The kind of mission creep that truly worries me, however, is different from what I have so far discussed. It is undeniable that trigger warnings are now often utilized not with a view to addressing trauma, but to signal that the curricular content at issue contains something morally problematic or offensive. How else to explain putting a trigger warning on Peter Pan because of its “odd perspectives on gender,” or trigger warnings for blasphemy? A quick Google search unearthed two nearly identical documents from the University of Michigan and University of Connecticut providing guidance to faculty for the use of trigger warnings. They both state that the terms “trigger warning” and “content warning” can be used “interchangeably,” with the latter defined as a warning of content that “may offend or upset some people.” In other words, the idea that trigger warnings are meant only to address trauma is passé in the academy; as the University of Michigan document boldly states, “content and trigger warnings are intended to serve all students . . .” (emphasis added).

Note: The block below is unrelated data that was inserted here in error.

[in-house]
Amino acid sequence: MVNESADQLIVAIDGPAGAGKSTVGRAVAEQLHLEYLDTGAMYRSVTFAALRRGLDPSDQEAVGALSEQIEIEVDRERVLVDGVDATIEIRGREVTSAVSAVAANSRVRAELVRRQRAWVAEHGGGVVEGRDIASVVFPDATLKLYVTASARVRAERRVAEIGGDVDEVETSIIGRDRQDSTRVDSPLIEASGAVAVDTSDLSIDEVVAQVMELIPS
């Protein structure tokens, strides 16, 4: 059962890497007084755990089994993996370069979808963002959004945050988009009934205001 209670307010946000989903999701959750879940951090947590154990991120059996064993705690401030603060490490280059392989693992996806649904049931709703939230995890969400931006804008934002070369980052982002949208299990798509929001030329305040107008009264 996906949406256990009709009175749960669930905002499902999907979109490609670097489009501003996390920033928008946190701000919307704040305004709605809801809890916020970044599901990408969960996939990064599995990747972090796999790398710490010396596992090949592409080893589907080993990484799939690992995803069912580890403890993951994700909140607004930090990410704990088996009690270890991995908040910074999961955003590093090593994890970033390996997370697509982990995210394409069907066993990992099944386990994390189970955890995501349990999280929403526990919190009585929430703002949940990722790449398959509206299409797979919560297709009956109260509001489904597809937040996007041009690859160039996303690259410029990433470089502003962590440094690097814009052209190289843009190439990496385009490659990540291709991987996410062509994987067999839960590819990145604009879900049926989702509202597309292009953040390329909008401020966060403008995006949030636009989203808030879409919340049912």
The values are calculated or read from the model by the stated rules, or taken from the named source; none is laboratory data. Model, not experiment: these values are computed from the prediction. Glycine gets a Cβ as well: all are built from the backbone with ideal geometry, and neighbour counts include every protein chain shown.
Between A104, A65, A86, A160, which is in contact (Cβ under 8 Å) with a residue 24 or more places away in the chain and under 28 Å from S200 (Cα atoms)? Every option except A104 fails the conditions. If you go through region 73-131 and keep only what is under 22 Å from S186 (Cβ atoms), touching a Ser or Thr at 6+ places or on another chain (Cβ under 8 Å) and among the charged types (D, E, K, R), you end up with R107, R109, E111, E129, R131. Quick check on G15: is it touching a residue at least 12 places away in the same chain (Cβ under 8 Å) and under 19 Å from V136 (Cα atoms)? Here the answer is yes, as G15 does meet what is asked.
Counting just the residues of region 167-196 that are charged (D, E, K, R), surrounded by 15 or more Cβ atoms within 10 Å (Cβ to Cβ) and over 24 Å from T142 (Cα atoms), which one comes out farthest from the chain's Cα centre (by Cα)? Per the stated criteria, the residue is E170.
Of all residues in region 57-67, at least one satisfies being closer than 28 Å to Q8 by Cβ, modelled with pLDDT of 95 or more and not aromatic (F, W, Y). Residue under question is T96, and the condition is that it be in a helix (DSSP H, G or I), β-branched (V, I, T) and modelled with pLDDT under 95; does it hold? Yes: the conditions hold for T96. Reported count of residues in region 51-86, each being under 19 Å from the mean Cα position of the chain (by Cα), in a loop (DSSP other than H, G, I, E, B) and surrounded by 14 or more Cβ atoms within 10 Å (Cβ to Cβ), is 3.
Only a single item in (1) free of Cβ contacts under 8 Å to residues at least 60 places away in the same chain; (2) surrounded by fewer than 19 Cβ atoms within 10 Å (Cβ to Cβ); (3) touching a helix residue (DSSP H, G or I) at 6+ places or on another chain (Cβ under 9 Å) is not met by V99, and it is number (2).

What is the effect in the classroom of expanding the scope of trigger warnings to “sensitive” content? I’m not entirely sure, but one indication comes from an incident at Hamline University I’ve written about previously. There, an adjunct art professor provided a trigger warning before showing a fourteenth-century painting of the Prophet Muhammad in class. After one student complained, the university administration rescinded its offer to the adjunct to teach the following semester and publicly decried her classroom activity as Islamophobic. When The New York Times reached out to the complainant, she stated that the adjunct provided a trigger warning “precisely because she knew such images were offensive to many Muslims.” In other words, for the complainant, the fact that the adjunct believed that the image warranted a trigger warning proves that she should not have shown it in the first place. For professors, this suggests that to put a trigger warning on offensive content is to put a target on one’s back.